Re: [PATCH 02/46] fs: d_validate fixes
- From: Nick Piggin <npiggin@xxxxxxxxx>
- Date: Thu, 9 Dec 2010 15:50:17 +1100
On Thu, Dec 09, 2010 at 11:50:29AM +1100, Dave Chinner wrote:
On Wed, Dec 08, 2010 at 05:59:55PM +1100, Nick Piggin wrote:
On Wed, Dec 08, 2010 at 12:53:44PM +1100, Dave Chinner wrote:
On Sat, Nov 27, 2010 at 08:44:32PM +1100, Nick Piggin wrote:
d_validate has been broken for a long time.
kmem_ptr_validate does not guarantee that a pointer can be dereferenced
if it can go away at any time. Even rcu_read_lock doesn't help, because
the pointer might be queued in RCU callbacks but not executed yet.
So the parent cannot be checked, nor the name hashed. The dentry pointer
can not be touched until it can be verified under lock. Hashing simply
cannot be used.
Instead, verify the parent/child relationship by traversing parent's
d_child list. It's slow, but only ncpfs and the destaged smbfs care
about it, at this point.
I'd drop the previous revert patch and just convert the RCU hash
traversal straight to the d_child traversal code you introduce here.
This is a much better explanation of why the d_validate mechanism
needs to be changed, and the revert is really an unnecessary extra
Has to be backported, though.
Backported where? The d_validate() change only got included in .37-rc1.
Backported to stable/distro kernels I suppose. I'm not sure what your
Patch that is to be reverted obviously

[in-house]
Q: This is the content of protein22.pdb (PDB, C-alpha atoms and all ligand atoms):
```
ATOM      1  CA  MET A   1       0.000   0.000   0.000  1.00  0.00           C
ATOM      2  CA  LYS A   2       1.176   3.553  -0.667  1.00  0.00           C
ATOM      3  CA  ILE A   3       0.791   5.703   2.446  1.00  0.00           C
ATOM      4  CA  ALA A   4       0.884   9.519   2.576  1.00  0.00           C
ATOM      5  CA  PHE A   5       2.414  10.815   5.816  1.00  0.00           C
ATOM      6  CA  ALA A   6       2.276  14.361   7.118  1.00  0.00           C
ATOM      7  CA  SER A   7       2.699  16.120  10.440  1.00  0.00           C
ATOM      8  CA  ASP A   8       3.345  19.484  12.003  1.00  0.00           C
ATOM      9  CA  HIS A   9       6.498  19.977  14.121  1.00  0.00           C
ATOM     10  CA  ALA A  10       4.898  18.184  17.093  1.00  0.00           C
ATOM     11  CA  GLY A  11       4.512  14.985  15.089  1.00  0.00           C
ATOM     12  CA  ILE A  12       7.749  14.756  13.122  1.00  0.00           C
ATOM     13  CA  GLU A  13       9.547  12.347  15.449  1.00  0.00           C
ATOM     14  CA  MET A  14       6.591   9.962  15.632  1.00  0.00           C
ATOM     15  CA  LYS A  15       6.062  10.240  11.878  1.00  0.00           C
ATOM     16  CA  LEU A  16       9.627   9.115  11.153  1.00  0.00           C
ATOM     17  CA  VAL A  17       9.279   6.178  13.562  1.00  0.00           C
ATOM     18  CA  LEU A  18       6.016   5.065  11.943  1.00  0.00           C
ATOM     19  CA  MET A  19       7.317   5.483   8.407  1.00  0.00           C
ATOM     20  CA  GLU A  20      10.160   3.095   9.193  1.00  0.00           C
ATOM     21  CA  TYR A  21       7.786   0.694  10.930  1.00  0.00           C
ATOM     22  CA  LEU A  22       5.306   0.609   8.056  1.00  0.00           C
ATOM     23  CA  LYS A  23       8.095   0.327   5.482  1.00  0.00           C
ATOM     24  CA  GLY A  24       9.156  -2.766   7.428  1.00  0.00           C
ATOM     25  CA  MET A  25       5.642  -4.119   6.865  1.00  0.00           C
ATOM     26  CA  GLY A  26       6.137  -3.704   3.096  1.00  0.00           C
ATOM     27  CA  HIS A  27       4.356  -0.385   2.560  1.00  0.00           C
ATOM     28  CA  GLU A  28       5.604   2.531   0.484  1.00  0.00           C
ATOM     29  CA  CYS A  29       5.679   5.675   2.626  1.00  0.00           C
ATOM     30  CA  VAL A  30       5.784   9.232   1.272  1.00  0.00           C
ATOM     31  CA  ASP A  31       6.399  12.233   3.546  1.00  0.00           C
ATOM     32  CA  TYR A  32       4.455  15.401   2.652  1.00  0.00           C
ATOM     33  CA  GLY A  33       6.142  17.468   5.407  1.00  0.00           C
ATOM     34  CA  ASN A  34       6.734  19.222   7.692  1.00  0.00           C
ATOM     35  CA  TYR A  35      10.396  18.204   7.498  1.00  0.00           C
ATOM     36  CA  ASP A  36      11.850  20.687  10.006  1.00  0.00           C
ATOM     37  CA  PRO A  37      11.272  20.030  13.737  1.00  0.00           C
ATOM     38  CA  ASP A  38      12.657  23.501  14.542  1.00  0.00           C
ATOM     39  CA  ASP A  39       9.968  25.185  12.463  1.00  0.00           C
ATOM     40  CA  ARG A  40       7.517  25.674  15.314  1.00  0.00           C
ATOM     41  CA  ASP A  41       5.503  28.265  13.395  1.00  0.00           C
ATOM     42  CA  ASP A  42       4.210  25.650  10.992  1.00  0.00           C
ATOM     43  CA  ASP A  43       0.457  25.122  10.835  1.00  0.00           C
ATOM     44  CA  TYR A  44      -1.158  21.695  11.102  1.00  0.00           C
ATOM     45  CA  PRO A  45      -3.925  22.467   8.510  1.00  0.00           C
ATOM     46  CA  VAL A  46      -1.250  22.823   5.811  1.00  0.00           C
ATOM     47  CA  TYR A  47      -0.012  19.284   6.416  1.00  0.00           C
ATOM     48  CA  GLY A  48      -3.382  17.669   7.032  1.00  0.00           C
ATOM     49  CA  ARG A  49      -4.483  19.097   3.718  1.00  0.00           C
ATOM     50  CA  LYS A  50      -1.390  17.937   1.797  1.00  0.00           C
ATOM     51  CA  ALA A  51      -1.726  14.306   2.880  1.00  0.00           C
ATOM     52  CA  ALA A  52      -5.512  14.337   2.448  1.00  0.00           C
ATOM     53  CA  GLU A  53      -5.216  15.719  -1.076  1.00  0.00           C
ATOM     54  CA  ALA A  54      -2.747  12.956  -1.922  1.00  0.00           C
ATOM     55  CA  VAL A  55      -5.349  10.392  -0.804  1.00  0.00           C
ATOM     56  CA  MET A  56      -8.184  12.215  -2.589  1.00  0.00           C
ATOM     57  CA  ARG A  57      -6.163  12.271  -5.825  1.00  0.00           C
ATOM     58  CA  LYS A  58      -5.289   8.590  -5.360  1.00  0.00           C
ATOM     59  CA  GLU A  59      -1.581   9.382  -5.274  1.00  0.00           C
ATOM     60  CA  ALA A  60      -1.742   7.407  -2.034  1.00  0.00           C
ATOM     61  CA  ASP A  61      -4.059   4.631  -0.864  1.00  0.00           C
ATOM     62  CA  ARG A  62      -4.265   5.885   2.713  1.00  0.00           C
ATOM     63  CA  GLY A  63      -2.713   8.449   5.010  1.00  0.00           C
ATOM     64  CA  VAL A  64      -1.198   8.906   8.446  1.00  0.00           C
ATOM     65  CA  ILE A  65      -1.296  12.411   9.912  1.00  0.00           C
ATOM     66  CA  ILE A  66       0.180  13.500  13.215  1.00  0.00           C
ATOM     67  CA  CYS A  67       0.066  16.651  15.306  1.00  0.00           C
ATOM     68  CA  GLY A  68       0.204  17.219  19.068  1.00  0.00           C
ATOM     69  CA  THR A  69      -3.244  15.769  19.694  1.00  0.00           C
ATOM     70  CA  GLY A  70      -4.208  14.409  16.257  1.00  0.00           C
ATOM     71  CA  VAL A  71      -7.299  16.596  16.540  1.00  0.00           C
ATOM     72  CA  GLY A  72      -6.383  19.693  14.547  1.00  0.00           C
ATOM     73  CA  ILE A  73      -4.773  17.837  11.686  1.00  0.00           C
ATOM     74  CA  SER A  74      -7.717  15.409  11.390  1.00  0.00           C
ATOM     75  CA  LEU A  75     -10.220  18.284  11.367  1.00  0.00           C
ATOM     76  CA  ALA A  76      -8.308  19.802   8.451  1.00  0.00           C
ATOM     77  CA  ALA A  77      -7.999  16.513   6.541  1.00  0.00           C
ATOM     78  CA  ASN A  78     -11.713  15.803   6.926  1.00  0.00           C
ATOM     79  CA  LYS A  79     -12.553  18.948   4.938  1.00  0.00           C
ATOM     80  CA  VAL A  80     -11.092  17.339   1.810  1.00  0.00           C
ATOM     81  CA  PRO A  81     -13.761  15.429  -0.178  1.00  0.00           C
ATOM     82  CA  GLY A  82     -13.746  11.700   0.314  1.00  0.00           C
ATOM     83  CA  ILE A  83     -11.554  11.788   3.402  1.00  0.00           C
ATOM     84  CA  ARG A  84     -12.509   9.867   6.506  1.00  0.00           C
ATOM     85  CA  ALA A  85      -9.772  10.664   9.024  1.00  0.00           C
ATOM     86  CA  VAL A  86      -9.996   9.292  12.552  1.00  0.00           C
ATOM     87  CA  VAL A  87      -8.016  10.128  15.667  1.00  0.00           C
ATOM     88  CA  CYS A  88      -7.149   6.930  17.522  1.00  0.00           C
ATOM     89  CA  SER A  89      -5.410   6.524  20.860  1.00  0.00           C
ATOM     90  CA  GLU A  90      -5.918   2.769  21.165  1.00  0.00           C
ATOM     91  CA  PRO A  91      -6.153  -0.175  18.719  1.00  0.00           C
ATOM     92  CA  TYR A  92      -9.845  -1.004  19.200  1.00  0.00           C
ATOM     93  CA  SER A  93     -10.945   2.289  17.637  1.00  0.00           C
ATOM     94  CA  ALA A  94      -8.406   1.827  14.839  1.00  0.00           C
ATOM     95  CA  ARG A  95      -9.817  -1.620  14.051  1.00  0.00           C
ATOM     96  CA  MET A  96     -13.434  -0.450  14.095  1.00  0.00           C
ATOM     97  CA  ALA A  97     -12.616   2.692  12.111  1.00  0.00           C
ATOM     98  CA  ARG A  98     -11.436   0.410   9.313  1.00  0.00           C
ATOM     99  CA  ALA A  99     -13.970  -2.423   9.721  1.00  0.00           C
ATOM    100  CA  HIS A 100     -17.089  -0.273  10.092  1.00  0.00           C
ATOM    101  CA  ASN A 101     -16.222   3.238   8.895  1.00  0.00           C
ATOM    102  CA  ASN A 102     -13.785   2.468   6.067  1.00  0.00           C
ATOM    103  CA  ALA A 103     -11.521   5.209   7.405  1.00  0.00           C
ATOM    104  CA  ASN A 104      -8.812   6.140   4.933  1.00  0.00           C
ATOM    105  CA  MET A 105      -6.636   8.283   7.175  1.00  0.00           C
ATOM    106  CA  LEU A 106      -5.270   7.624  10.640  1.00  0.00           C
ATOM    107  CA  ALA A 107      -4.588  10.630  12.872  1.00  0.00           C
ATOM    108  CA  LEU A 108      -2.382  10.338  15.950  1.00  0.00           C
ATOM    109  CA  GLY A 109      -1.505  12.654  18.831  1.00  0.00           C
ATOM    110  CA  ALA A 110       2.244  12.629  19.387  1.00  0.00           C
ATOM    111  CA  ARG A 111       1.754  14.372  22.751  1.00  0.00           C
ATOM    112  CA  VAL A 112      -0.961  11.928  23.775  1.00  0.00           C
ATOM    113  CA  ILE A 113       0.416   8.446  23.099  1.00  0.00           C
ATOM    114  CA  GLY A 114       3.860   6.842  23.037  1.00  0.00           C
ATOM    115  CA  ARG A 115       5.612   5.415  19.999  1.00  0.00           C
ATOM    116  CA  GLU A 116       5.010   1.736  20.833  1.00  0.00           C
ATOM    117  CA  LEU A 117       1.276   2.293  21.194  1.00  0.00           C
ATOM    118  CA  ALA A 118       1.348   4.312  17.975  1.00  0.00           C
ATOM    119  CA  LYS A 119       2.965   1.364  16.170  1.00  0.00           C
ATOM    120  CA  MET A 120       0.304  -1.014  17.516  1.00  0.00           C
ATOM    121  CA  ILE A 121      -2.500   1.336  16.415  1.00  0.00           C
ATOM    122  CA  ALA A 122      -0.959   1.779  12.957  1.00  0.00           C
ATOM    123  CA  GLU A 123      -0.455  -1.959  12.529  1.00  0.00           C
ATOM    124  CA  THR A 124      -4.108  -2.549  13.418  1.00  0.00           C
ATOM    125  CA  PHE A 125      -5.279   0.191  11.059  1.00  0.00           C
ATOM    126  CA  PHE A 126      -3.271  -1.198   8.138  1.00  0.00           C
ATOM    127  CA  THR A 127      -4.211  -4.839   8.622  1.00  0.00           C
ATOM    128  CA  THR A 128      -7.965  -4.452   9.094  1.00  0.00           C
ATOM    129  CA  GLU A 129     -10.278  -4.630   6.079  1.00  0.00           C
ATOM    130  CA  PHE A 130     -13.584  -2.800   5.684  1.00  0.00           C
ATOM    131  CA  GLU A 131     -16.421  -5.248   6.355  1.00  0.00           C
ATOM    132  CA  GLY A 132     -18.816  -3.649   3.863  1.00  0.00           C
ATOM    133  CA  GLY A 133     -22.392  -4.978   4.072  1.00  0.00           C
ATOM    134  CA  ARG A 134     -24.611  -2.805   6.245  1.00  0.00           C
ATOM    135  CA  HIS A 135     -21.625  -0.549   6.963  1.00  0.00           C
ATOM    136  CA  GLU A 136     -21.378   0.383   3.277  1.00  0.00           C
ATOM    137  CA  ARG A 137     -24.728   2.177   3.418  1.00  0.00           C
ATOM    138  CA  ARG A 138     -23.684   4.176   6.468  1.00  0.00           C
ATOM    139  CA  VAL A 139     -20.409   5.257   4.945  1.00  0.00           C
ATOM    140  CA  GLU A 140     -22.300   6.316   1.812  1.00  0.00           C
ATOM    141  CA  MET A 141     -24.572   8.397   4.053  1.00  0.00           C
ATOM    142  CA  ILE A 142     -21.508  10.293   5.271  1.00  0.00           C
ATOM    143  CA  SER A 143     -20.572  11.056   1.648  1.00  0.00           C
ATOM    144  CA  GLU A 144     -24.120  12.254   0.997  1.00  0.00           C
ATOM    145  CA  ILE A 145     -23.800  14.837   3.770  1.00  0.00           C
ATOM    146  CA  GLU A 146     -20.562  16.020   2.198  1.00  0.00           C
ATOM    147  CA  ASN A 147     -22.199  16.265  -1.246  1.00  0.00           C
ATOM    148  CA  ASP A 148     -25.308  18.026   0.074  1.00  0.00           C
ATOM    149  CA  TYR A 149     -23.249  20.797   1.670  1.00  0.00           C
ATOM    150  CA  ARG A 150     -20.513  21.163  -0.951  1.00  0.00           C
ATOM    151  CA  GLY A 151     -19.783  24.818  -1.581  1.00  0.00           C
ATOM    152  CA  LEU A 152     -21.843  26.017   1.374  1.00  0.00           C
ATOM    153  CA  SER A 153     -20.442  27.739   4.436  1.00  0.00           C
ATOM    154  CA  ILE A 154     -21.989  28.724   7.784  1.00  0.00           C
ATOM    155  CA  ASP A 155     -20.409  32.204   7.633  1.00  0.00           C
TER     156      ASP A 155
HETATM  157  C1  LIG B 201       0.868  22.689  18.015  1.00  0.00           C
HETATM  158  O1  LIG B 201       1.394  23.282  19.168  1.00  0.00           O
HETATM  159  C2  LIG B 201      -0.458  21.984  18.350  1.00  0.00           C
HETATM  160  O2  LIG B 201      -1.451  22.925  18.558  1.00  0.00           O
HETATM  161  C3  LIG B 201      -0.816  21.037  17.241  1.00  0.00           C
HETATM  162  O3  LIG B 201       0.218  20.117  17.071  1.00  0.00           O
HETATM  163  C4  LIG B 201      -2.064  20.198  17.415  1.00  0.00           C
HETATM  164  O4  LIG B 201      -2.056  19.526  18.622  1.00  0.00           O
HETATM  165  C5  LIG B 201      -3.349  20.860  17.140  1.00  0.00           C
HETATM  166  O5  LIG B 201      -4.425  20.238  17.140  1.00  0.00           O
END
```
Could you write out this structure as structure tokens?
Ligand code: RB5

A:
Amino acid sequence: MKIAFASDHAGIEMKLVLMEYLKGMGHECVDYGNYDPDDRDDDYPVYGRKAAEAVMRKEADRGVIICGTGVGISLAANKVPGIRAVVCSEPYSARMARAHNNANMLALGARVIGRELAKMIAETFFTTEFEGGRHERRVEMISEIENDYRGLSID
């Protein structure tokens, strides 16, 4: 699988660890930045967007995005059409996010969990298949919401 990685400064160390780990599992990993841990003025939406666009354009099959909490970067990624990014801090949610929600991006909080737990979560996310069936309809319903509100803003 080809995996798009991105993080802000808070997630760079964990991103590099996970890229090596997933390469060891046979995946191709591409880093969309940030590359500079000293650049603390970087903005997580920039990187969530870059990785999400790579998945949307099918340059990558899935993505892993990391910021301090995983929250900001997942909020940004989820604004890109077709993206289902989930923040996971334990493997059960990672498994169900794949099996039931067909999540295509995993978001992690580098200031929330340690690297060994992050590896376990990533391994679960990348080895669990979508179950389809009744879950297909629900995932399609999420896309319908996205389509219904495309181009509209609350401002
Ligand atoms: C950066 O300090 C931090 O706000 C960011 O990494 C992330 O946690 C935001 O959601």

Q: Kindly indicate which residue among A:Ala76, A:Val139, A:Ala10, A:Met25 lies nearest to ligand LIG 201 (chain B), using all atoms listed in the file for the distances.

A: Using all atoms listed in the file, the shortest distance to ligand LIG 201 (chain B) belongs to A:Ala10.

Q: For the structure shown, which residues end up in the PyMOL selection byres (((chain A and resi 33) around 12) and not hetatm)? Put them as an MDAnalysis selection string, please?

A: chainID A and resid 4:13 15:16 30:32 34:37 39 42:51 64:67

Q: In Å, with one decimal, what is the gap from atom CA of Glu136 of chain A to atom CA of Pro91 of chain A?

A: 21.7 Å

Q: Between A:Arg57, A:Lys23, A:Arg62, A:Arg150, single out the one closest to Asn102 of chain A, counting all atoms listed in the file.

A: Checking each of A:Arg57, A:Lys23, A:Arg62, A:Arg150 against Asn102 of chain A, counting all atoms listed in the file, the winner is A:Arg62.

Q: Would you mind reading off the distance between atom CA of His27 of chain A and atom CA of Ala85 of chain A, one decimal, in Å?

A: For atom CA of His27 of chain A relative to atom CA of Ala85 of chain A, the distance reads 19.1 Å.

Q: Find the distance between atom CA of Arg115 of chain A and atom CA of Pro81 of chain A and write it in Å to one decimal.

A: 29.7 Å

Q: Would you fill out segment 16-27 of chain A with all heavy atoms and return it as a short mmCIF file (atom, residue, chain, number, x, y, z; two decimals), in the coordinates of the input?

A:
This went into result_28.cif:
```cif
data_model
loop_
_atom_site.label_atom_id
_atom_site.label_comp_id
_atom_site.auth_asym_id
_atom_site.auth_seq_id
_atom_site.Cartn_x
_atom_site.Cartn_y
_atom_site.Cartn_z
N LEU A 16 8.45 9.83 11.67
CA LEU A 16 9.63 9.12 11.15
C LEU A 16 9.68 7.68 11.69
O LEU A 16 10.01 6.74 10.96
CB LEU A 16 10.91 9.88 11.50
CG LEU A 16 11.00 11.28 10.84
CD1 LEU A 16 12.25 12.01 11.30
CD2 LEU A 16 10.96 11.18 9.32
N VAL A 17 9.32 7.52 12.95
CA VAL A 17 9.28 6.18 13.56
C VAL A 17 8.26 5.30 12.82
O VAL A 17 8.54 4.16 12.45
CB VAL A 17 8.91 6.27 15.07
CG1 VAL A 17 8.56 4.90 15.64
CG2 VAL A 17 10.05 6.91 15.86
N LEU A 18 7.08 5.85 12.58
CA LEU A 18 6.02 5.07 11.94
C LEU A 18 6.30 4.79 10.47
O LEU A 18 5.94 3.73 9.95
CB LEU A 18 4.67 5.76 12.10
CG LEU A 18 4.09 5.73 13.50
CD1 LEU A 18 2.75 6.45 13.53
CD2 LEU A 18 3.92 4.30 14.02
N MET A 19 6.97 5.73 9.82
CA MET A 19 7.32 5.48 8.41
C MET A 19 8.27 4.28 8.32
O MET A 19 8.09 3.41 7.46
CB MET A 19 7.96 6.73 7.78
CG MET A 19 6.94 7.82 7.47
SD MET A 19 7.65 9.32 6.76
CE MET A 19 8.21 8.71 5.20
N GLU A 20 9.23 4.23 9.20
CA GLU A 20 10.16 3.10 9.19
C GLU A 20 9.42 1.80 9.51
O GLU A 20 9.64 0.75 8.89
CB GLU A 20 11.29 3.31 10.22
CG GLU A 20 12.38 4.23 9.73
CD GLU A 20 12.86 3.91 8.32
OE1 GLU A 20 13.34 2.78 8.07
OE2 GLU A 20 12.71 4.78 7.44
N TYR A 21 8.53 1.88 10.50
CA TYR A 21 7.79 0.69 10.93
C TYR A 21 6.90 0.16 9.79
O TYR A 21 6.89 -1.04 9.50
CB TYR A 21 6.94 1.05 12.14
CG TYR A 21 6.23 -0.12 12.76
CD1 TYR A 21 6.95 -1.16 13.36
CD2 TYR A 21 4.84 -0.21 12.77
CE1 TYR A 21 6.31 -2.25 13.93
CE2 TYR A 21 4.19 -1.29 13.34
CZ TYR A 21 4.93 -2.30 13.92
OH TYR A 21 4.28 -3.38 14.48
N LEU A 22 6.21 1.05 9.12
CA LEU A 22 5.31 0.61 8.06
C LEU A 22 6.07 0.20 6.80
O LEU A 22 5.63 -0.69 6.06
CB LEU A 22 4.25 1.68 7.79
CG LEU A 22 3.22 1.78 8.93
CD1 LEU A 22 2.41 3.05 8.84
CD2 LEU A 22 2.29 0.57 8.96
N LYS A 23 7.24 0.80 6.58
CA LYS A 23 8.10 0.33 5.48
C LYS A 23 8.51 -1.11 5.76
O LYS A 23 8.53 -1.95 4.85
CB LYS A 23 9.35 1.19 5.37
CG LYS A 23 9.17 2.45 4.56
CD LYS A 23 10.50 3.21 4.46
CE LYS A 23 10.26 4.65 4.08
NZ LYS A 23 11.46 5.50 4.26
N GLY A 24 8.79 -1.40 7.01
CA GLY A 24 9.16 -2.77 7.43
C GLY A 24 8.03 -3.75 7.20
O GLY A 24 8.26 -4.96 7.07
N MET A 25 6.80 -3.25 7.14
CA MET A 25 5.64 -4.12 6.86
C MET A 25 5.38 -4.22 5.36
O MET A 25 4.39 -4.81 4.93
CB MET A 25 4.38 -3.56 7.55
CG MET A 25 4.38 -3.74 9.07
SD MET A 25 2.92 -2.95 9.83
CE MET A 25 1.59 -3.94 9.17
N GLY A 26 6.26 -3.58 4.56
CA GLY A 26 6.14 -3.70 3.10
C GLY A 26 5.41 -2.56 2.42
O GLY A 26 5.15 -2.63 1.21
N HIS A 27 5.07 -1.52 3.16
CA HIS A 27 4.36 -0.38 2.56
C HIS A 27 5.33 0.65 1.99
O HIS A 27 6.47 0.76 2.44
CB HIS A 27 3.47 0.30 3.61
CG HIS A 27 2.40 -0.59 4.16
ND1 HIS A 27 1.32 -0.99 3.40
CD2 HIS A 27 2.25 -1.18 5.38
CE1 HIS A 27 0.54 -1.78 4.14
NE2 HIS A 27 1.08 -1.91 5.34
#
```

adds more brokenness and is a good example that you cannot dget() under
rcu read protection even if the rest of the surrounding function is
bugfree. I wouldn't have thought it's a big deal.
Reverting something broken to something already broken just to fix
to the less broken version seems like an unnecessary step. Just
fix the brokenneѕs in a single patch - no need to indirect the real
fix through a revert. One less patch to worry about.
OK but I disagree. Firstly, reverting that patch gives a good record of
that particular pattern of bug (that Christoph and Al both missed).
With more RCU going into the vfs, people need to be pretty clear about
Secondly, as I said, reverting means that I can use exact same patch
for upstream and stable kernels.
And finally, it gives better bisectability. If somebody hits a bug in
my patch, I would rather have them bisect into the well-worn (if buggy)
version of the code than bisect into a different type of brokenness.
It isn't indirecting the real fix through a revert, they are broken in
different ways. My fix is for the bug that it doesn't guarantee the
persistence of *memory* we are using, and the revert is for the bug that
it doesn't guarantee the persistence/validity of the *object*, and which
is actually more likely to be a problem if you think about it, because
the window is much larger.
Git has no problem with lots of patches, so I don't see any advantage
to doing one patch, and you lose the advantages above.
To unsubscribe from this list: send the line "unsubscribe linux-kernel" in
the body of a message to majordomo@xxxxxxxxxxxxxxx
More majordomo info at http://vger.kernel.org/majordomo-info.html
Please read the FAQ at http://www.tux.org/lkml/
- Prev by Date: linux-next: Tree for December 9
- Next by Date: Re: [PATCH] ACPI: fix section mismatch warning
- Previous by thread: Re: [PATCH 02/46] fs: d_validate fixes
- Next by thread: [PATCH 0/2] perf tools: add reference timestamp and use it in time history dump